Refineries’ funding: NNPC, investors disagree on commercial terms

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Oil and Gas

Thursday, January 31,2019

After spending over one and half years negotiating with financiers for the revamp of Nigeria’s refineries, the Nigerian National Petroleum Corporation on Wednesday declared that it could not agree with the investors on the commercial terms of the transaction.

On November 12, 2018, The PUNCH exclusively reported that the NNPC looked set to announce investors for the proposed rehabilitation of the nation’s refineries following the corporation’s talks with financiers abroad.

Top management officials of the national oil firm had told our correspondent in Abuja that they met with financiers abroad to further negotiate terms for the proposed rehabilitation of the nation’s refineries.

Nigeria has four refineries. The Port Harcourt Refining Company is made up of two refineries. The others are the Warri Refining and Petrochemical Company and the Kaduna Refining and Petrochemical Company.

The four refineries have an installed capacity of 445,000 barrels per day, but they have continued to operate far below the installed capacity for many years.

When confronted with questions on what the management of the corporation was doing about the abysmal performance of the facilities, during a session at the ongoing Nigeria International Petroleum Summit in Abuja on Wednesday, the Chief Operating Officer, Refineries, NNPC, Anibor Kragha, said a lot of issues were affecting the refineries.

This came as the Infrastructure Concession Regulatory Commission charged the Federal Government and the NNPC to concession the refineries in order to make them functional and profitable.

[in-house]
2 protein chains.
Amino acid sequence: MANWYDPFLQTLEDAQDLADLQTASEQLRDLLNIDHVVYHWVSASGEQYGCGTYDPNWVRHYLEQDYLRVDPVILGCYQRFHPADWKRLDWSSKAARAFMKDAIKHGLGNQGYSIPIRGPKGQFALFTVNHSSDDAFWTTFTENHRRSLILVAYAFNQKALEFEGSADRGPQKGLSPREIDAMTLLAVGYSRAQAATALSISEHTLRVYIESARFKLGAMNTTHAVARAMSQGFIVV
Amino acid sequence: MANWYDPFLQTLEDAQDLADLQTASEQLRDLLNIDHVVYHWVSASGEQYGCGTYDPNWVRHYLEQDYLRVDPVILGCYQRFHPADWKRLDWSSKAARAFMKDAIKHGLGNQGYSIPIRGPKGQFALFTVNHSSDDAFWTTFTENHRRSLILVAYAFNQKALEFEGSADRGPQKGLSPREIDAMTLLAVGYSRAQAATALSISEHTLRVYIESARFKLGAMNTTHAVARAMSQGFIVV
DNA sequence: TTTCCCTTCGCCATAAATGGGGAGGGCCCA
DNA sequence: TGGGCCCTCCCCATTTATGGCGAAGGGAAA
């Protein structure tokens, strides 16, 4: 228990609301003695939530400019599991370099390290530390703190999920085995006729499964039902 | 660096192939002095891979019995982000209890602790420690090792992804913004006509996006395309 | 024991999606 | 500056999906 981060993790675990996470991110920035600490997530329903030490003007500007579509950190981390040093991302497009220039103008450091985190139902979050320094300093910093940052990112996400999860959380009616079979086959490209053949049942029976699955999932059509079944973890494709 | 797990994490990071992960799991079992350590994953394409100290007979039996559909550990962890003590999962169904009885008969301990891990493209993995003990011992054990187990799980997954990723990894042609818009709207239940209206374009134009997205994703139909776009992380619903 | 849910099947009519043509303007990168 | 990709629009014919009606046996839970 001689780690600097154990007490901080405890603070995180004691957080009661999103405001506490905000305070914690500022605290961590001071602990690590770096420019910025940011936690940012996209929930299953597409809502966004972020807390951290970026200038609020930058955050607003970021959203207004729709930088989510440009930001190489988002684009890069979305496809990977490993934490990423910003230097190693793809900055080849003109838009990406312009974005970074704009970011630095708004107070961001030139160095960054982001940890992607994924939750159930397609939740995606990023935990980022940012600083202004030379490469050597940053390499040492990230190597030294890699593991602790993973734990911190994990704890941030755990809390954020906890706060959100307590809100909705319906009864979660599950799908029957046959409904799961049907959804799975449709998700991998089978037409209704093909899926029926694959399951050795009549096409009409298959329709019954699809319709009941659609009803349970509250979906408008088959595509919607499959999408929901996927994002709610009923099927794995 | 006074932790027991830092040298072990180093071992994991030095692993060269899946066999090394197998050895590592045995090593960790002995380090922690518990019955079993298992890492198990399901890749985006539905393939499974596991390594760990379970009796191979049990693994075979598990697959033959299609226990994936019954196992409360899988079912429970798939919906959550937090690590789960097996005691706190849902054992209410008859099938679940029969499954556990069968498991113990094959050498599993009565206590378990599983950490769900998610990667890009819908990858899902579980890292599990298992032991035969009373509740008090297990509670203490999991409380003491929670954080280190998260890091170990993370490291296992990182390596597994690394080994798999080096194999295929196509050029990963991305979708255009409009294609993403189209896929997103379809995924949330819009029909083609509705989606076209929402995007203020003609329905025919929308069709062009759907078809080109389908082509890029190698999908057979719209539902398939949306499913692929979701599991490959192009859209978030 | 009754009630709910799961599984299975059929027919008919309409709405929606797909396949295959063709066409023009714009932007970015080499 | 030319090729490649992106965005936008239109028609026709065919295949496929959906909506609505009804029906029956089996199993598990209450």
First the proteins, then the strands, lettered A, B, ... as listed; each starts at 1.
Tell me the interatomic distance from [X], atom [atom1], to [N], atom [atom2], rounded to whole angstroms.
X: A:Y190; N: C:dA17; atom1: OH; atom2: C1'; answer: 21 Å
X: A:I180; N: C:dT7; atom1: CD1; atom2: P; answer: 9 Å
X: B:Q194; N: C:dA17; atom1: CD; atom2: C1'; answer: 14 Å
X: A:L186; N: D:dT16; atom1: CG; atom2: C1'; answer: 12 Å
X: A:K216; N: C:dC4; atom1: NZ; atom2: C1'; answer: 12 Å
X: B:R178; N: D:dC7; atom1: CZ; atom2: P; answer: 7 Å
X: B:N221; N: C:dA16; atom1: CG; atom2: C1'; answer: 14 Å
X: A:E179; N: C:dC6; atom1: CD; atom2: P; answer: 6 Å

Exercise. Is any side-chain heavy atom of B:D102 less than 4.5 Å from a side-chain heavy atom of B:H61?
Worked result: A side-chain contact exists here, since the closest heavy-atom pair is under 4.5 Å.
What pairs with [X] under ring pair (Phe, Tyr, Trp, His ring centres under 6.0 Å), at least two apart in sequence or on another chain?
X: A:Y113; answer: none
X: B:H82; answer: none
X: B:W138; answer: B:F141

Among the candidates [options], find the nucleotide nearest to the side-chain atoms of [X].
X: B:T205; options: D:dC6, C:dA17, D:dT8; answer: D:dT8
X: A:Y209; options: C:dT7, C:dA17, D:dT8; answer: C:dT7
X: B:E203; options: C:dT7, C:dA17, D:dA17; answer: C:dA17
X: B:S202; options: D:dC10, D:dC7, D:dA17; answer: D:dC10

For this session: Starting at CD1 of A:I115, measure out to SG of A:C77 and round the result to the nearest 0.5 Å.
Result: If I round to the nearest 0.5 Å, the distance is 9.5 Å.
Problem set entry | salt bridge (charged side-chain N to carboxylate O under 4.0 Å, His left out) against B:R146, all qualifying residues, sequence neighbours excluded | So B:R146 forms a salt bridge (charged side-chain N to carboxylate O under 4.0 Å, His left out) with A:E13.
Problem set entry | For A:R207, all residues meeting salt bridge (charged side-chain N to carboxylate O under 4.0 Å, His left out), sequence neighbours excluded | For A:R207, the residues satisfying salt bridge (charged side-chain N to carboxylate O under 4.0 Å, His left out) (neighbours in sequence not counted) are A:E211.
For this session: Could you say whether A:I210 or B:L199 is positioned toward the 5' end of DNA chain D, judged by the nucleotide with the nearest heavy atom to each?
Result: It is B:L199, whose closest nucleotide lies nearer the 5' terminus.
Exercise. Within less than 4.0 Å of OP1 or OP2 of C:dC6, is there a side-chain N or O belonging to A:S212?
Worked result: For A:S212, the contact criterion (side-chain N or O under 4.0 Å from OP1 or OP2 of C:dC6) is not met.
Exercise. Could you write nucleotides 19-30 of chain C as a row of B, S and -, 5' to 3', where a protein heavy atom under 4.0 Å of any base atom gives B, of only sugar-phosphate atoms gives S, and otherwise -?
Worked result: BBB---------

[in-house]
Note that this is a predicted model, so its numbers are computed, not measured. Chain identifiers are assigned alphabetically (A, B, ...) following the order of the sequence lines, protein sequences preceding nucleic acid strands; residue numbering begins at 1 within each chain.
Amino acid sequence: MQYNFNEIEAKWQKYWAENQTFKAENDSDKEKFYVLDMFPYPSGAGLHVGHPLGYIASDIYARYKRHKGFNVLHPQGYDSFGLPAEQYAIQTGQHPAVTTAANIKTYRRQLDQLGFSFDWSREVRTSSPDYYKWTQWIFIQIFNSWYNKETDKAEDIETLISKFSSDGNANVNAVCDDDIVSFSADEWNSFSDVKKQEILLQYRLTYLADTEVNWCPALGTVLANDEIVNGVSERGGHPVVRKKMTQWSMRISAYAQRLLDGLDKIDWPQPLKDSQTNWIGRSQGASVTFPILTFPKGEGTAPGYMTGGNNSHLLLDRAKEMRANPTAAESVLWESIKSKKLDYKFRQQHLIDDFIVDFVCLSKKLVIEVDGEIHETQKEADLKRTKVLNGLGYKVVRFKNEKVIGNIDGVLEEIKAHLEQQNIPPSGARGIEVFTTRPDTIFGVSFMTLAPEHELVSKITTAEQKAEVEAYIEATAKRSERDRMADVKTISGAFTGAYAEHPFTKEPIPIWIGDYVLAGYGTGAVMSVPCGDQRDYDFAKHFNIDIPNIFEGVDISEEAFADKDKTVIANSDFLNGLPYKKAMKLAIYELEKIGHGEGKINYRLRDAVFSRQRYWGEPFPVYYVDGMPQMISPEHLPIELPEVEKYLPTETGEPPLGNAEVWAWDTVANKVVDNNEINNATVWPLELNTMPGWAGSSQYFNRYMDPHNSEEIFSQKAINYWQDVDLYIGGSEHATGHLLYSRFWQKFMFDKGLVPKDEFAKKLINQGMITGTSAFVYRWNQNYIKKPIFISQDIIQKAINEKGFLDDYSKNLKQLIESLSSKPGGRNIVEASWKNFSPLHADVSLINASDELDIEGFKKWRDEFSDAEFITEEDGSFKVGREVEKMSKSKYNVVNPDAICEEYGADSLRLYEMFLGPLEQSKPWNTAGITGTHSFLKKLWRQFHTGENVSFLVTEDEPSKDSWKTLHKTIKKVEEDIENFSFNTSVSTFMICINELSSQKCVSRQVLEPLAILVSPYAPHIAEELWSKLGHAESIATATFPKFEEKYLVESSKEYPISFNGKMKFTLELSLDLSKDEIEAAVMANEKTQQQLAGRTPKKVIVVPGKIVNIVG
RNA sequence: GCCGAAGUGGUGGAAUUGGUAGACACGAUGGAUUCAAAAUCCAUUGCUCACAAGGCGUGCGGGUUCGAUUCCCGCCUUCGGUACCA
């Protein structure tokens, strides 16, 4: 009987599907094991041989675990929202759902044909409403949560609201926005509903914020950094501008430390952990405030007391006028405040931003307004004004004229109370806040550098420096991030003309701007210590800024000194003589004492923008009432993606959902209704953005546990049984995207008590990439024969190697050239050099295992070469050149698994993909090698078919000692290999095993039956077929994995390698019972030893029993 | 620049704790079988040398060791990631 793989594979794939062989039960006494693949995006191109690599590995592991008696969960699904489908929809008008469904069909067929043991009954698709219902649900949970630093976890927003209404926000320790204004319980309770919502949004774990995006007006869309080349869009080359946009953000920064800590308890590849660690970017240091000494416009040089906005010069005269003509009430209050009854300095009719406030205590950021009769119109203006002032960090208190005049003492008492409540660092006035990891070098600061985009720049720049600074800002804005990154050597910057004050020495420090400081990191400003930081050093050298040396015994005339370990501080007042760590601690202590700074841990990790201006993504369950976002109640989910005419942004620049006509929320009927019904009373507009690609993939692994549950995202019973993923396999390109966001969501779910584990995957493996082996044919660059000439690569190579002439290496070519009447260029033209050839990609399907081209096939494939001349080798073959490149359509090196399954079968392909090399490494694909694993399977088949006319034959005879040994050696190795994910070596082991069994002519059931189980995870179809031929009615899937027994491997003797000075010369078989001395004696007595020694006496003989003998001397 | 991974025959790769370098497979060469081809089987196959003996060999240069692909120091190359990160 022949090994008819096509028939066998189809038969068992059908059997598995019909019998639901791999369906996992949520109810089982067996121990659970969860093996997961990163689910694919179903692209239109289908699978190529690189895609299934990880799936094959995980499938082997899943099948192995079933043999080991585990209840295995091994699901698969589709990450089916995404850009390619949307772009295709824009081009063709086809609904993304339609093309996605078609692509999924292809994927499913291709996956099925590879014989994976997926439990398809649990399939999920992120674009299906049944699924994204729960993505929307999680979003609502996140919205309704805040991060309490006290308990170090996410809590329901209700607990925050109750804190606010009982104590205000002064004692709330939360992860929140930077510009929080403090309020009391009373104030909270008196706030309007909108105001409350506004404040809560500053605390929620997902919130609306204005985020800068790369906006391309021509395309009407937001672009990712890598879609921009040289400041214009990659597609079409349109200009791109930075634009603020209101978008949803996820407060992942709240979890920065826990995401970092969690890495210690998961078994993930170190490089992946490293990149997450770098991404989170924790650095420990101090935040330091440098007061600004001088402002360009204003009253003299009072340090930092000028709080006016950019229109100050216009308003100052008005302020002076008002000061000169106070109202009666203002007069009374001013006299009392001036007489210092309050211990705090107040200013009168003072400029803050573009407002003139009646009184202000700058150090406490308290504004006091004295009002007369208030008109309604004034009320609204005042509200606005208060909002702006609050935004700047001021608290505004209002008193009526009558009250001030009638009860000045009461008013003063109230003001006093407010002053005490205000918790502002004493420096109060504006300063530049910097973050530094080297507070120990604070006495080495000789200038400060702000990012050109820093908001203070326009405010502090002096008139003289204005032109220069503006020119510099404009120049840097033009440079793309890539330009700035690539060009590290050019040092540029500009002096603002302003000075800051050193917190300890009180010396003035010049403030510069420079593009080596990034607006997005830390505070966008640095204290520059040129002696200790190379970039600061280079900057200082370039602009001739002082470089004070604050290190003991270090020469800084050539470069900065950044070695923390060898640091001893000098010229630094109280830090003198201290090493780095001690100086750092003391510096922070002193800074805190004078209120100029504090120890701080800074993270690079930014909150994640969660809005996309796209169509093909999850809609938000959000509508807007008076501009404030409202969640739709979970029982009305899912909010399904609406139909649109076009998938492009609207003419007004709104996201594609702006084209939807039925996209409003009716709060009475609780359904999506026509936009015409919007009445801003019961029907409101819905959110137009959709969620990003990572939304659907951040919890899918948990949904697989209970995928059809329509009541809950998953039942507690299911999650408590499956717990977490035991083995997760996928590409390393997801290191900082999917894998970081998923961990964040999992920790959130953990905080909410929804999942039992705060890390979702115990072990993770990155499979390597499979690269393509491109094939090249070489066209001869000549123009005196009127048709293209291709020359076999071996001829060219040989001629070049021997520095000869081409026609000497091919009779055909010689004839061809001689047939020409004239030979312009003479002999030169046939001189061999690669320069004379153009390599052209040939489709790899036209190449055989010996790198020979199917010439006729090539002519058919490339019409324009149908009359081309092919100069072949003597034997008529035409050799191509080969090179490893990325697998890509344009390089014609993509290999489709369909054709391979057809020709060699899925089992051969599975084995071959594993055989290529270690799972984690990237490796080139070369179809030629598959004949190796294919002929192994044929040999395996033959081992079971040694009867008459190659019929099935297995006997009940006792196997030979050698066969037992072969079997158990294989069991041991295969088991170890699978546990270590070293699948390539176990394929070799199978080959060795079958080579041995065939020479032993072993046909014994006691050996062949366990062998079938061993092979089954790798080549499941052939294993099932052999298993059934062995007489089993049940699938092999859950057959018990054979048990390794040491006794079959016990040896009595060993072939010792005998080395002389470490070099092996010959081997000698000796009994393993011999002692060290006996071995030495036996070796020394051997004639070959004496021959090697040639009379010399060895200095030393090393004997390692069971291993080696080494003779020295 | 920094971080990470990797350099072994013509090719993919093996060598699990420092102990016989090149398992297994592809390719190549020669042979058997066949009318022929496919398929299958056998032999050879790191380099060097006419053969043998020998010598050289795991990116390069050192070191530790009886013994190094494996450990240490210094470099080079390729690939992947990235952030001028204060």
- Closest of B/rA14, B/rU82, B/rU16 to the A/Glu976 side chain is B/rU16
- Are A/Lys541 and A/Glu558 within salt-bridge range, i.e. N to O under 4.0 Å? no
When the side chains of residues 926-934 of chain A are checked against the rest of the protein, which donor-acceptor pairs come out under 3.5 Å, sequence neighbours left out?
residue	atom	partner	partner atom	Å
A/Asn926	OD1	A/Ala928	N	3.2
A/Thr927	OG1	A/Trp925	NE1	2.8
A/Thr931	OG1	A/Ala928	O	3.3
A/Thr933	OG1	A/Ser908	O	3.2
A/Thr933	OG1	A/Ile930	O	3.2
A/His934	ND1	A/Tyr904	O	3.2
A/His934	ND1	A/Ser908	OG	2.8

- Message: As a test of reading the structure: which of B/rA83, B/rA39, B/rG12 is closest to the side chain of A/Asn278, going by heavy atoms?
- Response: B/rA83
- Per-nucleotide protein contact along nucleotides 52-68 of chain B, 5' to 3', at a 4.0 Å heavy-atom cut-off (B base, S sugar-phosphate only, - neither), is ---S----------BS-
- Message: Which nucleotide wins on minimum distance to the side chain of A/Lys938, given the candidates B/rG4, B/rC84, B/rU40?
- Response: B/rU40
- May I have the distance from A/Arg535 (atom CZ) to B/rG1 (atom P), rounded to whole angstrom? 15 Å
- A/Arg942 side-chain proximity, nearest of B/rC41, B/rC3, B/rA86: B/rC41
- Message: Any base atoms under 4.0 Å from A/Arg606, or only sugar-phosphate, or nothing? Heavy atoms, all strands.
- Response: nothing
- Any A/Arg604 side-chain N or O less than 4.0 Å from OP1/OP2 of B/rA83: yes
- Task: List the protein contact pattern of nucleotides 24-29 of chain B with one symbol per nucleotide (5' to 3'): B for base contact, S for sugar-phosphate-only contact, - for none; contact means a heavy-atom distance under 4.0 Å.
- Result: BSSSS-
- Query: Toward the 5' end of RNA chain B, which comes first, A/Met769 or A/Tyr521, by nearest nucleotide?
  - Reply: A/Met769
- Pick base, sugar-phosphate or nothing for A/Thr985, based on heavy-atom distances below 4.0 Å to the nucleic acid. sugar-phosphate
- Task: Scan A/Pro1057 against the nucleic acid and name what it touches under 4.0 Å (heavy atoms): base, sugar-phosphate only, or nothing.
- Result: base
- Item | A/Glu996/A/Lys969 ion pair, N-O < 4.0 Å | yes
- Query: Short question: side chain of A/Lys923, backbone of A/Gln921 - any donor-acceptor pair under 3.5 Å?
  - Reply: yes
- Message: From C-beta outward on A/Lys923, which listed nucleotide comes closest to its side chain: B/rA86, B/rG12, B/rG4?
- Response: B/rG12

Kragha further stated that negotiations between the NNPC and financiers could not work due to the recent disagreement between the corporation and the investors as regards the commercial terms of the transaction.

On the need to concession the refineries, the Director-General, ICRC, Chidi Izuwah, who was also a panellist alongside Kragha at the session, urged the NNPC and the Federal Ministry of Petroleum Resources to appreciate the gains derivable from such concession.

Izuwah said, “For me, I’m looking into the future. Let’s look at our telecoms sector 16 years ago, imagine that we had Nitel up until now, what would it be like? Our lines will still be tossed, the incentives structure will promote corruption. The government must play a role to break the back of government dominance in the downstream sector and bring in the private sector. That’s the only way to go.

“When you bring in the private sector, you will change the incentive structure. People will be incentivised and make the right level of investments. And what do I mean? Very simple; we should concession the NNPC refineries to the private sector.

“The investments will come and, on a BOT (Build, Operate and Transfer) basis you concession them, they (investors) rehabilitate and upgrade them and recoup their money. There’s a huge opportunity in refining. It’s a profitable business. So, the role of government is to attract investments to change that sector.”

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